[HOT] – California Fires Burn Out of Control; 17 Are Dead


NAPA, Calif. – With roads still blocked by the police and fires still raging across broad swaths of Northern California, Matt Lenzi hiked through smoke-choked vineyards and waded the Napa River to reach the home his father lived in for 53 years.

"Every piece of vegetation was gone," said Mr. Lenzi on Tuesday, after going back in the vain hope of finding the pet cat that his father, Carl Lenzi, who is in his 80s, left behind when he fled for his life.

The fires ravaging California 's wine country since Sunday night – part of an outbreak of blazes stretching almost the entire length of the state – continued to burn out of control 2,000 buildings destroyed or damaged.

The two biggest and most destructive fires consumed more.

The two biggest and most destructive fires consumed more Santa Rosa, Napa and Calistoga. This is a great place to spend a few days in Santa Rosa, Napa and Calistoga. The winds died down on Tuesday, but were caught in the middle of the week, and Chief Ken Pimlott of Cal Fire, the state's firefighting agency, described the two fires, and a smaller one nearby as "zero percent contained.

About 20,000 people heeded evacuation warnings, fleeing on their fires overtook their towns. In Sonoma County alone, 5,000 people took shelter in evacuation centers on Monday night, the county reported, and new evacuation orders were issued on Tuesday.

"We have always been able to make the most of our everyday life, Maureen Grinnell, 77, who lived in the hills north of Napa with her husband, Sheldon, 89, who uses a walker. "I was watching a movie with my 19-year-old granddaughter and I smelled smoke, and I looked out the window to see flames approaching."

"By the time I was already in the garage, the house was already on fire, "Ms. Grinnell said. "I drove down the road through smoke with flames on both sides. Pamela Taylor, 66, at first watched the fire from the mobile home park in Santa Rosa where she lived, thinking it was not near and then, suddenly, it was. "A gigantic fireball jumped across the freeway to the trees around the trailer park," she said, "and there were no turning the gas off."

James Harder and his friends managed to save his business, James Cole Winery, a small-scale maker of high-priced cabernets, even as the nearby Signorello Estate winery burned. Mr. Harder is a member of the Board of Trustees of the United States of America. meant to irrigate his vines.

"We just thought, 'Keep working, keep working,'" he said. "

All around them, in some of the most expensive real estate in the country, they could see neighbors' houses going up in flames, their propane tanks exploding with ground-shaking force.

Next door, the gate to the Signorello property was open on Tuesday and a sign said "Open," but no one was there. The reception area was destroyed, fires still burned from gas pipes there, and ash covered an infinity pool with a commanding view of the valley.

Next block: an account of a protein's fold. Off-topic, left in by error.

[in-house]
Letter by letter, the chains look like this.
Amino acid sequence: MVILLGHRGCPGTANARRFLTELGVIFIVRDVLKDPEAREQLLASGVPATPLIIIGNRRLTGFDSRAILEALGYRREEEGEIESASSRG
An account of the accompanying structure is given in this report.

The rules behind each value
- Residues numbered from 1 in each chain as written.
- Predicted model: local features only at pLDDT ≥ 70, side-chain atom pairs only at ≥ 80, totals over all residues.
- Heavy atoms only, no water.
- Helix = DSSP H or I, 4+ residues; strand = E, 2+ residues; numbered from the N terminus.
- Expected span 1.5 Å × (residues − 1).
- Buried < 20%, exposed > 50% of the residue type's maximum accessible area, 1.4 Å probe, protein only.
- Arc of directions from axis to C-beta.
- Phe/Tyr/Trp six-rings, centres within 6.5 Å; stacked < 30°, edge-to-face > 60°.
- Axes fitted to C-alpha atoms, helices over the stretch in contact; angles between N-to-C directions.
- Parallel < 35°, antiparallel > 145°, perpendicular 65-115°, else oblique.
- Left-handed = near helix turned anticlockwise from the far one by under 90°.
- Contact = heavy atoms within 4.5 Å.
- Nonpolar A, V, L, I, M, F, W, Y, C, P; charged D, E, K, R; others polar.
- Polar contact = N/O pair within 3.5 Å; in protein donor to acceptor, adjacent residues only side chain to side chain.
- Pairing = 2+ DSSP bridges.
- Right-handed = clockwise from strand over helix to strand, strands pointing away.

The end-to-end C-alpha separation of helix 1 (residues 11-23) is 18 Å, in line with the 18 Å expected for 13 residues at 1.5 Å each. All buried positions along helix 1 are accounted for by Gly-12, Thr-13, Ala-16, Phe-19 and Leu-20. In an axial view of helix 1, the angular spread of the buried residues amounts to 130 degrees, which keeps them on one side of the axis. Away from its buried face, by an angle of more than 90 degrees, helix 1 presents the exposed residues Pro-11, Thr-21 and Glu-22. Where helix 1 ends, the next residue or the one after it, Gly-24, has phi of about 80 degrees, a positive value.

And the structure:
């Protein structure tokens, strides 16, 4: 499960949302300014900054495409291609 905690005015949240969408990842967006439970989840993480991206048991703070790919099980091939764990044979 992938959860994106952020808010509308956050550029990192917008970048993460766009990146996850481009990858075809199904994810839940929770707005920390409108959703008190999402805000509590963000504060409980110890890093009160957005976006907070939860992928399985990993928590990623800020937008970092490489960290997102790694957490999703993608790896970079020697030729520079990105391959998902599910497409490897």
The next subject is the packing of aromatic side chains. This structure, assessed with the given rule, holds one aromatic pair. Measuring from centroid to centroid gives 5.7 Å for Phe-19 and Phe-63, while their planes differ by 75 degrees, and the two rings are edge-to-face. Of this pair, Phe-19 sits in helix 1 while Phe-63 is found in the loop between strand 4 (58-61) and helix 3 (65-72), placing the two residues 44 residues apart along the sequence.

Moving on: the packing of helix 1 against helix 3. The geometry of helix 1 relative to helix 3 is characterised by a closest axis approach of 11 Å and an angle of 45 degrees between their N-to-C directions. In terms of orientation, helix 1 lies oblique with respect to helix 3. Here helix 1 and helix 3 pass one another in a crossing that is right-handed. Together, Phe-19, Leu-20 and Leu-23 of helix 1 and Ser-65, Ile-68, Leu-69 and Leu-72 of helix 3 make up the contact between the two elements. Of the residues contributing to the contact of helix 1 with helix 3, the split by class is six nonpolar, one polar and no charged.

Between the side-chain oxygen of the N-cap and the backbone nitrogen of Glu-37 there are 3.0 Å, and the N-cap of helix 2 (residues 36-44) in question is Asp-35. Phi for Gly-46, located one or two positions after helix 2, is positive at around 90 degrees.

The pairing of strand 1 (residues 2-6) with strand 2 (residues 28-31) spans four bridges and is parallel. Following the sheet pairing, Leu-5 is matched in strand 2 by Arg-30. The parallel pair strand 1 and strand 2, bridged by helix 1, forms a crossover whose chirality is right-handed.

How much of the season's grape harvest was destroyed remains unclear.

Across the state, 17 wide wildfires were still burning Tuesday, covering 115,000 acres, Chief Pimlott said.

An unusually wet winter produced ample brush, and the state's hottest summer on record dried it to tinder, setting the stage for a rough. The whole American West has experienced a brutal wildfire season, even as people in the Southeast have suffered the floods and winds of hurricanes. As of Oct. 6, wildfires had raced through 8.5 million acres, well above the last decade's average of six million per year.

Most of the current California wildfires are in the north, including a large one in Mendocino County Sierra Nevada, the north coast and the San Joaquin Valley. But in Southern California, a fire that broke out on Monday in the Anaheim Hills, a smoke-free sending smoke pouring into Orange County and closing the 91 freeway, the main road into the county from the east.

The winds blowing the flames in the north of San Francisco Bay come from the north, and thousands of firefighters are building blocks to the southern flanks of the blazes to hold them back from populated areas. Supported by aircraft dropping water and fire retardant – ranging from helicopters to a Boeing 747 tanker – fire crews used bulldozers, chain saws and shovels to clear trees and brush, hoping to create firebreaks and starve the blazes of fuel

]And even the "hazardous" in places.

Vice President Mike Pence on Tuesday visited the California Office of the United Nations High Commissioner for Refugees (UNHCR) of Emergency Services near Sacramento to announce that President Trump had approved Gov.

Mr. Jerry Brown's request for a major disaster declaration and ordered federal aid to help the state in recovery efforts. Pimlott said that the cause of the fires was still unclear and would be investigated.

Fires interrupted utilities in and of the fires, around wine country, including cellular service, which ranged from spotty to nonexistent, making it harder for people to reach family and friends and for emergency workers to search for the missing. Mark Ghilarducci, director of the state Office of Emergency Services, said that about 77 cellphone sites were damaged or destroyed.

Ramon Gallegos Jr., who worked in the wine industry,

"Who's OK?" he asked. "Who's not O.K.? We do not know, we can not get in touch with anybody. "

With broad areas still under evacuation orders, frustrated residents congregate at roadblocks on Tuesday, pleading with police officers to let them through their homes .

"We're getting some chest-to-a-chest-to-a-roadblock with the Silverado Trail, the famed Napa Wine Road, a sheriff's deputy chased after a car that had bolted through a vineyard in an effort to bypass the roadblock. -chest instances now, "said John Robertson, the Napa County Sheriff.